Tag Archives: euphoria

Triggering Grief, Triggering Joy

Robin Botie of Ithaca, New York, Photoshops a scene from a morning hike off a country road that triggered happiness rather than grief.Smelling ripe peaches or hearing certain Christmas carols can trigger emotional meltdowns that leave you sobbing your eyes bloodshot. But what I didn’t realize before is that triggers like these can also bring memories that warm and comfort you. Sometimes, the thing that plays with your passions smacks you plainly in the gut. Other times, you find yourself shaking your head in disbelief at how the mind can mash your feelings.

Like last Saturday, when a mysterious euphoria set in after a morning hike through lush woods. What on earth could infuse my brain with shear bliss? Was it the wildflowers? The sun? We had new haircuts, the dog and I, and we climbed down a small hill at the end of the trail, and found a shady spot on the quiet country road. There was a pond nearby. Swallows soared overhead. And a cool breeze stroked my bare shoulders. Maybe it was the perfect temperature of the air. Or perhaps it was the sound of my dog lapping water from the cup I held, her whiskers brushing my hand as she gratefully gulped. Could it have simply been my anticipating Chinese leftovers for lunch? I don’t know what it was, but something felt right and vaguely familiar.

Catching up to the friend I’d hiked with, in giddy bewilderment I announced,” I think I feel – happy.”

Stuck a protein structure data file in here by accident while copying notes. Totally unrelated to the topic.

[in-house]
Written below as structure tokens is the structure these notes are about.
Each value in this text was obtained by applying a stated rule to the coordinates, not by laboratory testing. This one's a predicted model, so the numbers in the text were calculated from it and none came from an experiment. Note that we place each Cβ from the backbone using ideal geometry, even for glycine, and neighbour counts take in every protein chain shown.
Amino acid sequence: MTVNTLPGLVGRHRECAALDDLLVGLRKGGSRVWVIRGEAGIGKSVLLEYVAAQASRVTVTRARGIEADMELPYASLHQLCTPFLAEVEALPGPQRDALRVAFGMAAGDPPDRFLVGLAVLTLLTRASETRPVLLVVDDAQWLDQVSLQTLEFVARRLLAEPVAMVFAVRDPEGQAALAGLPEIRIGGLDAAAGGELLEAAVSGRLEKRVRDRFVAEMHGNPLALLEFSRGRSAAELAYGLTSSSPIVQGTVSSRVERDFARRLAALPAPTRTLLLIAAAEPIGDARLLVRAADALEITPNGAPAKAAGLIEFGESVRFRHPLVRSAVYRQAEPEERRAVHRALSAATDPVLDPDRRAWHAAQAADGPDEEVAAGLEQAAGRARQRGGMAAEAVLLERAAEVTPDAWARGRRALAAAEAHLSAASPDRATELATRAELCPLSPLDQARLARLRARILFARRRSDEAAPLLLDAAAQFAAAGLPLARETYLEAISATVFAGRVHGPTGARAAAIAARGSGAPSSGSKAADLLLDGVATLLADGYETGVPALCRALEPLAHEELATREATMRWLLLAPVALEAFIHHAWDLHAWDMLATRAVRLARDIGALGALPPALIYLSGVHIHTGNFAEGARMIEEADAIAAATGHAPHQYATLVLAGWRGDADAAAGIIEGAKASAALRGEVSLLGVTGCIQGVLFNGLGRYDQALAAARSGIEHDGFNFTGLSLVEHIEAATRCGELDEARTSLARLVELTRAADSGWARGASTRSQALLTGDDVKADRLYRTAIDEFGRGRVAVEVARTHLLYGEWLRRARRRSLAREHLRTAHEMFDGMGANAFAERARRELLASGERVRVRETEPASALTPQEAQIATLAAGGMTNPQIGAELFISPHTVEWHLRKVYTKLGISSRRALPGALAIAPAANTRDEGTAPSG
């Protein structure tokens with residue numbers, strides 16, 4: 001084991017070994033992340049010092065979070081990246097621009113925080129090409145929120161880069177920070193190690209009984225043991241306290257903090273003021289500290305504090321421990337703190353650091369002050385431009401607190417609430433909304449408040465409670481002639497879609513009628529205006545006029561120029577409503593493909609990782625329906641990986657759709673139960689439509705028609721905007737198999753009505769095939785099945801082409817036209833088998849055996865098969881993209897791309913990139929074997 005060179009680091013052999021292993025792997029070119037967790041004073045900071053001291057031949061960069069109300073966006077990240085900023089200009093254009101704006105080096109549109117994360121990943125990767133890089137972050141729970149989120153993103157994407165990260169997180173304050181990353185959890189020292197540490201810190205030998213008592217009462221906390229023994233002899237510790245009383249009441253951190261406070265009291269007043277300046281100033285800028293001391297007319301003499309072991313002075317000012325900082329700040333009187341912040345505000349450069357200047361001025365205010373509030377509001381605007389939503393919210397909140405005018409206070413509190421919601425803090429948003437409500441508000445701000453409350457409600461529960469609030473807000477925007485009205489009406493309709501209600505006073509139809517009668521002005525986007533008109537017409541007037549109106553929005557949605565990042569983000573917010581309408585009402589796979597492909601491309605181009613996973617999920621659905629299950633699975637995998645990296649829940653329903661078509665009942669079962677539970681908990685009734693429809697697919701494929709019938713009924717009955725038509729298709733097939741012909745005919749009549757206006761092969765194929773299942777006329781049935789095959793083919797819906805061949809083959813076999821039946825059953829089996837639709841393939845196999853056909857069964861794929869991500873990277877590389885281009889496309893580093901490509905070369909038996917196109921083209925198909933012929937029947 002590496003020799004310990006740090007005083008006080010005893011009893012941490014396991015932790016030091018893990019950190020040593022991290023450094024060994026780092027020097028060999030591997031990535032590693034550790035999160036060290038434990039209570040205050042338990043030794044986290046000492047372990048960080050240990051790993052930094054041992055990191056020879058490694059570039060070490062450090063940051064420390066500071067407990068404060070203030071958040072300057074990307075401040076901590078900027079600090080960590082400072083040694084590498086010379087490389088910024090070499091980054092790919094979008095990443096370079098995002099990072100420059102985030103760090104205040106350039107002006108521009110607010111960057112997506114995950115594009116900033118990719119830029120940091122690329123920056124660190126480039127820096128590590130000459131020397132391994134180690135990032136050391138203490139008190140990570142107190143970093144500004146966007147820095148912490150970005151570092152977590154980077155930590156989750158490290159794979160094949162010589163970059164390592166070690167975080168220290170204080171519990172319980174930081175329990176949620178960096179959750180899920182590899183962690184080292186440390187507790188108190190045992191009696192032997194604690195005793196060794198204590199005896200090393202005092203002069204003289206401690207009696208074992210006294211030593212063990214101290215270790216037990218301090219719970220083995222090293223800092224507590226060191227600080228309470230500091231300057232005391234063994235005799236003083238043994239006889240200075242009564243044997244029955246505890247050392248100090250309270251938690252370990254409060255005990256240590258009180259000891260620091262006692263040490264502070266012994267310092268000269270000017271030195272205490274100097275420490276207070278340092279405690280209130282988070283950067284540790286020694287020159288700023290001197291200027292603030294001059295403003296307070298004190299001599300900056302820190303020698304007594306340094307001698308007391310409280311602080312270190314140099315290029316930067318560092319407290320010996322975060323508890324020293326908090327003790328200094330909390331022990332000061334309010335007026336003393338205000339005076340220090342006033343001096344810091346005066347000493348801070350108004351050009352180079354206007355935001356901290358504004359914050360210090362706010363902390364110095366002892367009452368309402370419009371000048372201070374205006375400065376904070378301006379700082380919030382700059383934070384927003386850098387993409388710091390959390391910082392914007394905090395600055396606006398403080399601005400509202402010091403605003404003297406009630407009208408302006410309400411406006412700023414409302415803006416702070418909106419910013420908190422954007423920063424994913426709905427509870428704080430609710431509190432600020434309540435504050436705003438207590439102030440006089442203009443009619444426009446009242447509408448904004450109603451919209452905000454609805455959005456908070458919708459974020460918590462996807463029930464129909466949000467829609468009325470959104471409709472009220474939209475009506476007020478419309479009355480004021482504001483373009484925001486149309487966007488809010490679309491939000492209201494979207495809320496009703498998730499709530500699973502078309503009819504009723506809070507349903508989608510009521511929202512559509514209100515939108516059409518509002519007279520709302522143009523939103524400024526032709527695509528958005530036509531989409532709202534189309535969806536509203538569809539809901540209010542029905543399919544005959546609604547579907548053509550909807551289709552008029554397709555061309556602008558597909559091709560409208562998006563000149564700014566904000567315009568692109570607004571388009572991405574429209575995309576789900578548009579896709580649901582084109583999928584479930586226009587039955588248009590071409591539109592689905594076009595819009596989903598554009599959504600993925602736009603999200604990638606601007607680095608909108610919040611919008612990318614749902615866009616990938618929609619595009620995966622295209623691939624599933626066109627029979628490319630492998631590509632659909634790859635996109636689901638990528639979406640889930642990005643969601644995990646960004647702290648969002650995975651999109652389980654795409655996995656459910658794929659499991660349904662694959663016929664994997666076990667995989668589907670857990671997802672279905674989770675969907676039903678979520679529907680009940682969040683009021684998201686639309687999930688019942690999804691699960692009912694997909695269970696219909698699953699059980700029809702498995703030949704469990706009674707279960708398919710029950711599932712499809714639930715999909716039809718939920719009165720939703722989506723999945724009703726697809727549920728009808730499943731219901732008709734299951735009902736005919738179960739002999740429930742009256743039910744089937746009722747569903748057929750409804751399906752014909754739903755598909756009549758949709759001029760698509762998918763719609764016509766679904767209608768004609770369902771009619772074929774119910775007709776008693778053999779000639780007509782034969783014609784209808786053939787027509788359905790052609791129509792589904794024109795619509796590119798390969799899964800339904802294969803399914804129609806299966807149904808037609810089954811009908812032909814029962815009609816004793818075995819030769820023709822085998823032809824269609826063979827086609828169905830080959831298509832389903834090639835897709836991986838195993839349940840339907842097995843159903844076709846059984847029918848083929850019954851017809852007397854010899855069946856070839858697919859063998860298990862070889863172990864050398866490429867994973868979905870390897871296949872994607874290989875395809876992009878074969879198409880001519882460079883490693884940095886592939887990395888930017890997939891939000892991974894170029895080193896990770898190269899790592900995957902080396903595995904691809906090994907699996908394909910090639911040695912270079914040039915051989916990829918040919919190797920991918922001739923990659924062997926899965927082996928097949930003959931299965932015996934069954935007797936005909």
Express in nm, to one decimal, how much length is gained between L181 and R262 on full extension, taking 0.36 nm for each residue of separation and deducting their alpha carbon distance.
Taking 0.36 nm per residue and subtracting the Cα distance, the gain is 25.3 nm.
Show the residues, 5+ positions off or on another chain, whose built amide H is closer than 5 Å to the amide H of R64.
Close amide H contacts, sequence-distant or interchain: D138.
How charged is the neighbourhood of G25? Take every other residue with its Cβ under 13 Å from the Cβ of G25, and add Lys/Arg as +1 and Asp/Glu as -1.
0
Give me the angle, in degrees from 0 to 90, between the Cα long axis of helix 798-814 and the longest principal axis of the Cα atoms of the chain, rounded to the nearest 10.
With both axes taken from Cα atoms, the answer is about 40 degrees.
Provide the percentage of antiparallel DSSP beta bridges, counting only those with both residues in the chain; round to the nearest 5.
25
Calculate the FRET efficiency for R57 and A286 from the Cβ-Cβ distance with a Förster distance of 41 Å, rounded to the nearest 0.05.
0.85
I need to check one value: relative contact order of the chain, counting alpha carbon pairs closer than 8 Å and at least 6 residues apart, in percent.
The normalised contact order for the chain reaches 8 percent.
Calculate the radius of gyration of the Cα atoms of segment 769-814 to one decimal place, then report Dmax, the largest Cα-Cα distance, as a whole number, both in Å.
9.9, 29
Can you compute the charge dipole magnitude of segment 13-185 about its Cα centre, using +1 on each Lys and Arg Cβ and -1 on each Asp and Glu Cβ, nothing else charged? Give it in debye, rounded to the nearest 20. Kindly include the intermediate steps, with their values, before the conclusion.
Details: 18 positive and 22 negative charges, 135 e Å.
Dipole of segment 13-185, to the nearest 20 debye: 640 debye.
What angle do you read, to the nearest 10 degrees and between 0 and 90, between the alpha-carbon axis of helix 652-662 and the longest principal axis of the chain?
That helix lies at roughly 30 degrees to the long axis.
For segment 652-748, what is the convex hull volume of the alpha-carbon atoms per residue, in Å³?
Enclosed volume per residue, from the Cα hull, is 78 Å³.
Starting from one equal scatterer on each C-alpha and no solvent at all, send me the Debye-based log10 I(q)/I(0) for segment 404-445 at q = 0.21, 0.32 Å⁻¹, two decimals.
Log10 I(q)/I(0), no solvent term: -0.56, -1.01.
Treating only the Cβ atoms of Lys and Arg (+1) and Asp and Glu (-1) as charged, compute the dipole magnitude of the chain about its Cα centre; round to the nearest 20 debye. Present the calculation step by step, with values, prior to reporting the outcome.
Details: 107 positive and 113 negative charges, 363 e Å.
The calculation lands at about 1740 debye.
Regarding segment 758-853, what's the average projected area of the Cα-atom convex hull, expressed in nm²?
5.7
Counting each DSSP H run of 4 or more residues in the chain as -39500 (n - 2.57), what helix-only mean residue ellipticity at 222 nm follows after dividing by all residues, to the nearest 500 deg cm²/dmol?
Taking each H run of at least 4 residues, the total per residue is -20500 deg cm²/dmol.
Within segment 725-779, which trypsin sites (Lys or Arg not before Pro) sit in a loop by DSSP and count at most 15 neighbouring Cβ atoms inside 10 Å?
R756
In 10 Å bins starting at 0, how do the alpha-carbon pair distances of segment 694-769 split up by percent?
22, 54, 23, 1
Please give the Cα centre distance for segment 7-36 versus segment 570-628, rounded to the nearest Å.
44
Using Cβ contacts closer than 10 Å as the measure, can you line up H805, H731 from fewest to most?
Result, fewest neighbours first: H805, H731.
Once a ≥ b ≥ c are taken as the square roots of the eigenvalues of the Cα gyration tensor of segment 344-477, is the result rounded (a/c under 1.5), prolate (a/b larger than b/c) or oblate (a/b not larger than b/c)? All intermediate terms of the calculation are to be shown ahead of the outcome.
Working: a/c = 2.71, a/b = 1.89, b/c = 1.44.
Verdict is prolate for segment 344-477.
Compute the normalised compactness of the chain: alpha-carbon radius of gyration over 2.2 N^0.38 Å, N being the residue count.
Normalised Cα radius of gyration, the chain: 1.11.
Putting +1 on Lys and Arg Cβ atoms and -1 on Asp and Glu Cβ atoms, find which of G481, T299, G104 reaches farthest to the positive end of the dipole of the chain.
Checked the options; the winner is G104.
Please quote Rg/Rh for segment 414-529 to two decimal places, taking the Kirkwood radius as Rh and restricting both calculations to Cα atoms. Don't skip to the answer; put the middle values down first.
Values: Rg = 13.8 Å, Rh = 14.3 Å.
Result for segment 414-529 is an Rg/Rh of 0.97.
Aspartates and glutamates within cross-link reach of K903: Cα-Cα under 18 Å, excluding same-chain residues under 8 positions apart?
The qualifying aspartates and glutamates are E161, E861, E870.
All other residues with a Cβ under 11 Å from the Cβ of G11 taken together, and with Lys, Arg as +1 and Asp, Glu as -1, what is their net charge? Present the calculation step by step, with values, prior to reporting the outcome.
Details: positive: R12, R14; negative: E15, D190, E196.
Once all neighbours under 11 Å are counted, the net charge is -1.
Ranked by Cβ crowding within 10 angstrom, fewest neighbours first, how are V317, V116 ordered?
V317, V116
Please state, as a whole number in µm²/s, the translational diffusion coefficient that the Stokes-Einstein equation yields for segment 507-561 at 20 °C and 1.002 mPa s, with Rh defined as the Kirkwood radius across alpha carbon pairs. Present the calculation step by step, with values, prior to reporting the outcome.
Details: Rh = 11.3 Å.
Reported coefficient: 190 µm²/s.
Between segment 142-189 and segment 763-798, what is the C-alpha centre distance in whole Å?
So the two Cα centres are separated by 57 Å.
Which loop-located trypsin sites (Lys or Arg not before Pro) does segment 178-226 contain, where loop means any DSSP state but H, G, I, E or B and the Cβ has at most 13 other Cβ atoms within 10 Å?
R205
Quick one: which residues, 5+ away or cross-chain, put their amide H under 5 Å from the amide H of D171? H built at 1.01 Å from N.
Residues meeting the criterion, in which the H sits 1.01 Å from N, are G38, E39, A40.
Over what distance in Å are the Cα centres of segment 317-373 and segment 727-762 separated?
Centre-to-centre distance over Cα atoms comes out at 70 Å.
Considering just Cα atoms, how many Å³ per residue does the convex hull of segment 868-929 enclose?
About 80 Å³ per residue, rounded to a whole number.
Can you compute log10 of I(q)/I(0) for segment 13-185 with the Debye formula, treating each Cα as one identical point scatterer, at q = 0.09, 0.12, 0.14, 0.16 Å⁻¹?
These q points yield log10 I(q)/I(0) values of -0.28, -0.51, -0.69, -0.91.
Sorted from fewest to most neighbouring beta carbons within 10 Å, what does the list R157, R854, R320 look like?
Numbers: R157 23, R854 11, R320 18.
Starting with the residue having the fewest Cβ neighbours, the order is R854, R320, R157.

What triggers your happiness? What triggers your grief?

 

 

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Flight from Reality

Robin Botie of Ithaca, New York, in a quest for joy, photoshops a lone girl with her head in a pink cloud.“I love being home with you,” I told the dog, when everyone I knew was out somewhere having fun, and I was feeling antsy with nowhere to go. “But now let’s find something beautiful and joyful to photograph. Something besides you,” I said, and followed her flickering tail around the pond, stopping to take pictures of the water and wildflowers. A colossal pink cloud floated overhead. I snapped a dozen shots of it, awed by its rosiness.

The cloud would be a perfect illustration of joy, I thought. After weeks of watching the garden dry up in the drought, after howling my grief songs and driving people mad trying to move boulders, I desperately wanted to blog about something joyful. So that night I stayed up late, turned on the TV, made popcorn, poured a glass of sherry, pulled over a cozy chair for the dog, and began playing with the image of the pink cloud. And over the weekend, I missed a picnic and passed on a dinner invitation, as I Photo-shopped the cloud in the water, in my face, around a lone girl. I Photo-shopped the heck out of that cloud.

Then, I Googled “pink cloud” to get an idea of why I was so taken with the cloud, and what I might write about it. But there was no joy in any of the articles listed. It was a term used in alcohol and addiction recovery programs to refer to “unrealistic feelings of well-being and happiness experienced during times of despair.” It represented “ignoring life’s problems in a dangerous euphoria,” … “flight from reality.”

I looked at the picture I’d spent hours composing. I looked at the dog. And then I had to consider that maybe I’m the one walking around with my head in a pink cloud, convinced I’m solidly planted on a sure path to healing.

 

Where is joy?

 

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